Intel is once again rumoured to be offloading some chip production to TSMC, the Taiwanese Commercial Times reports (via Seeking Alpha). Following recent delays to its 7nm process, it’s said that the company is eyeing up an order of 180,000 wafers from the Taiwanese semiconductor company using its 6nm process node.
Now before we proceed, I’m usually hesitant to touch any story that claims Intel is outsourcing any major chip production to a third party. These stories come around every couple of months—and they have done for years—and so far Intel has never committed to any considerable numbers from a third party.
However, Intel’s policy on the matter has always been that it wouldn’t be unusual to outsource some products—at least that’s what an Intel representative told me back in 2018—and these rumours are arriving at a time when Intel has had to admit some defeat in the semiconductor manufacturing department.
Intel CEO Bob Swan recently announced a 12-month delay to the 7nm process node—this was due to a defect causing lower than expected yields. To soothe shareholders, Swan went on to confirm “contingency plans to hedge against further schedule uncertainty”, including the use of third-party fabs.
“The extent that we need to use somebody else’s process technology and we call those contingency plans, we will be prepared to do that,” Swan says. “And if we do, there are lots of moving parts.”
With that important exposition in place, the sudden arrival of a rumour positing Intel buying up some chip demand from TSMC, only days after the Intel investment, is certainly worthy of discussion. The rumoured deal would have Intel buying up 180,000 wafers of the company’s 6nm process node—which is itself an optimisation of the 7nm process node.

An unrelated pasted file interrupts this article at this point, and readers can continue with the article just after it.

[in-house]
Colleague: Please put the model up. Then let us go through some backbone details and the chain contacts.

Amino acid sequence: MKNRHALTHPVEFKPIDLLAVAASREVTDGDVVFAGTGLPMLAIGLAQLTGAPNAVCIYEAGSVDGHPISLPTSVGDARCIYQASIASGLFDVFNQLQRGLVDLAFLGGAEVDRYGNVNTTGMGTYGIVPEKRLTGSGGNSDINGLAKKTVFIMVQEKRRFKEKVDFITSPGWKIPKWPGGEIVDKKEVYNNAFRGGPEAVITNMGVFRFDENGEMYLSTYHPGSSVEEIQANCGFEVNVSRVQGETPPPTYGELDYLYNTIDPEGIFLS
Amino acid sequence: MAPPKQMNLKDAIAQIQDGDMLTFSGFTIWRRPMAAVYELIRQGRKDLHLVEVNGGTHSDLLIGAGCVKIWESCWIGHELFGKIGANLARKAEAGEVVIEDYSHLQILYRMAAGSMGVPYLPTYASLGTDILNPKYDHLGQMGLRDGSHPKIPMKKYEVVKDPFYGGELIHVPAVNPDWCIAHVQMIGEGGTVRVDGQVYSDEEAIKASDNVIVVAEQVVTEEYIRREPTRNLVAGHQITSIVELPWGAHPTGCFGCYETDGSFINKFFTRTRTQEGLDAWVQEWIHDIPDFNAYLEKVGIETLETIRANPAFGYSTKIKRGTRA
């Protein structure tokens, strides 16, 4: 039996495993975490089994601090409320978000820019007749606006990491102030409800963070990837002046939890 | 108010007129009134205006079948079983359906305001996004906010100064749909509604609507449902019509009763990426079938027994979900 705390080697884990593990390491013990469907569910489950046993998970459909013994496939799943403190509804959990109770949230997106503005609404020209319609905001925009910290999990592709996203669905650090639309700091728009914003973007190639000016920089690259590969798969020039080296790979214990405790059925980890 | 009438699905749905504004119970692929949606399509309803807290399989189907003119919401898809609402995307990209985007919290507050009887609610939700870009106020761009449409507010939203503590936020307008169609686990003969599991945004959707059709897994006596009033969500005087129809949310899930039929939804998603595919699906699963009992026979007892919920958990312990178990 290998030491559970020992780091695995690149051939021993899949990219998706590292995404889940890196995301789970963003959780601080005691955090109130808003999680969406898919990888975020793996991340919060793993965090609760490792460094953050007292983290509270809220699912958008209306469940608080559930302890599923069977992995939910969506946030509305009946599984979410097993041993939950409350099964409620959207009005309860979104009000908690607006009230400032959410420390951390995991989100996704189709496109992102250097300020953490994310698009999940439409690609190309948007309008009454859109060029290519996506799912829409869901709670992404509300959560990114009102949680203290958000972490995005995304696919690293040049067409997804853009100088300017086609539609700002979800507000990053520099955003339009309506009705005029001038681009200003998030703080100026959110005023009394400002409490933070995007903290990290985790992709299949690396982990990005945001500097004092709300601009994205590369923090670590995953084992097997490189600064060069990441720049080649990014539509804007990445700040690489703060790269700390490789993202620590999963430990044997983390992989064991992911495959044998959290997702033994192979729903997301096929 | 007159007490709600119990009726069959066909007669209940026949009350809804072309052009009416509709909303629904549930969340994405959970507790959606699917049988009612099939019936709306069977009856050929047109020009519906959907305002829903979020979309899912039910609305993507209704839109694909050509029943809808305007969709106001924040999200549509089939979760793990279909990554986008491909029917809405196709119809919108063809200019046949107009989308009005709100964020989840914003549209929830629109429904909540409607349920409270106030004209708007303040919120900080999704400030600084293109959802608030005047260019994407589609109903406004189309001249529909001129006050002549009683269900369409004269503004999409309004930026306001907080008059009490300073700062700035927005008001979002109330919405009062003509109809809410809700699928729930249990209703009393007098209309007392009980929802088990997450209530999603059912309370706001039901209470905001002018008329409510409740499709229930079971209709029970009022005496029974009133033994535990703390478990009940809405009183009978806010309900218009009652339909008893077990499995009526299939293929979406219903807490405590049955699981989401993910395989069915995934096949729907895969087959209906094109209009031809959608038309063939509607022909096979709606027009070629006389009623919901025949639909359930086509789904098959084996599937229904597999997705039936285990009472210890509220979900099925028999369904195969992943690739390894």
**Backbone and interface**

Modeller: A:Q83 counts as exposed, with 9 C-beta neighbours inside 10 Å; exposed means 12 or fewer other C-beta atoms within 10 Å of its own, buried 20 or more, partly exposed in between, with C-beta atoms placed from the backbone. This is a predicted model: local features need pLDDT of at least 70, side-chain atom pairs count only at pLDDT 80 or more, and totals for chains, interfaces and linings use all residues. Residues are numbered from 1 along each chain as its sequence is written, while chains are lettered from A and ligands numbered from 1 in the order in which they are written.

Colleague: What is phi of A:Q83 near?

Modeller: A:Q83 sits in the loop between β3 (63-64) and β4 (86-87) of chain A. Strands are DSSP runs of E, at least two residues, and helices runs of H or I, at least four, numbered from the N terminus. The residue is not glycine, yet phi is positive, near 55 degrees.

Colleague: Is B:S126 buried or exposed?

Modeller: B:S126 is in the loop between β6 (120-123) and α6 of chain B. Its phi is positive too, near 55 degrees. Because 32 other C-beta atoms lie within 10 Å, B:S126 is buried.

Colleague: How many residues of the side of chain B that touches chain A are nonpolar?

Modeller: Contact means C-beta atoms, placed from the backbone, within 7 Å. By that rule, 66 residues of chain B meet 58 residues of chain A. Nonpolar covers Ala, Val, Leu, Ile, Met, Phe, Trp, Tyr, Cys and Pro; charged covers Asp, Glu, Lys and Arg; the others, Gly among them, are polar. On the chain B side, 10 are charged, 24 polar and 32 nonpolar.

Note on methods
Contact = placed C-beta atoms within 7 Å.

The oft-rumoured move would see Intel join AMD and Nvidia on TSMC’s client roster. The company is one of the largest contract semiconductor companies—and the largest pure-play foundry—in the world. It currently supplies most of AMD’s lineup, including Zen 2 CPUs and RDNA GPUs, and Nvidia’s Turing GPUs. There’s no exact word on which chips Intel would look to outsource, if any, but it wouldn’t likely be any that require the advanced packaging techniques it’s been touting as of late.
However, the report remains highly speculative, and neither TSMC or Intel have (or likely will) confirm or deny any such deal has been struck. Similarly, last week an analyst from Sanford C. Bernstein claimed that TSMC would not have the capacity spare for Intel, so we’re looking at a direct contradiction of that report today.
Whatever the case may be, TSMC’s share price is already nearly 10% up today alone. Intel’s share price, on the other hand, remains steady after a sudden drop of nearly 17% following the most recent earning’s call. So even if the rumours aren’t true—and I naturally gravitate to this eventuality—the fact TSMC is a plausible option for Intel to tap has its immediate benefits.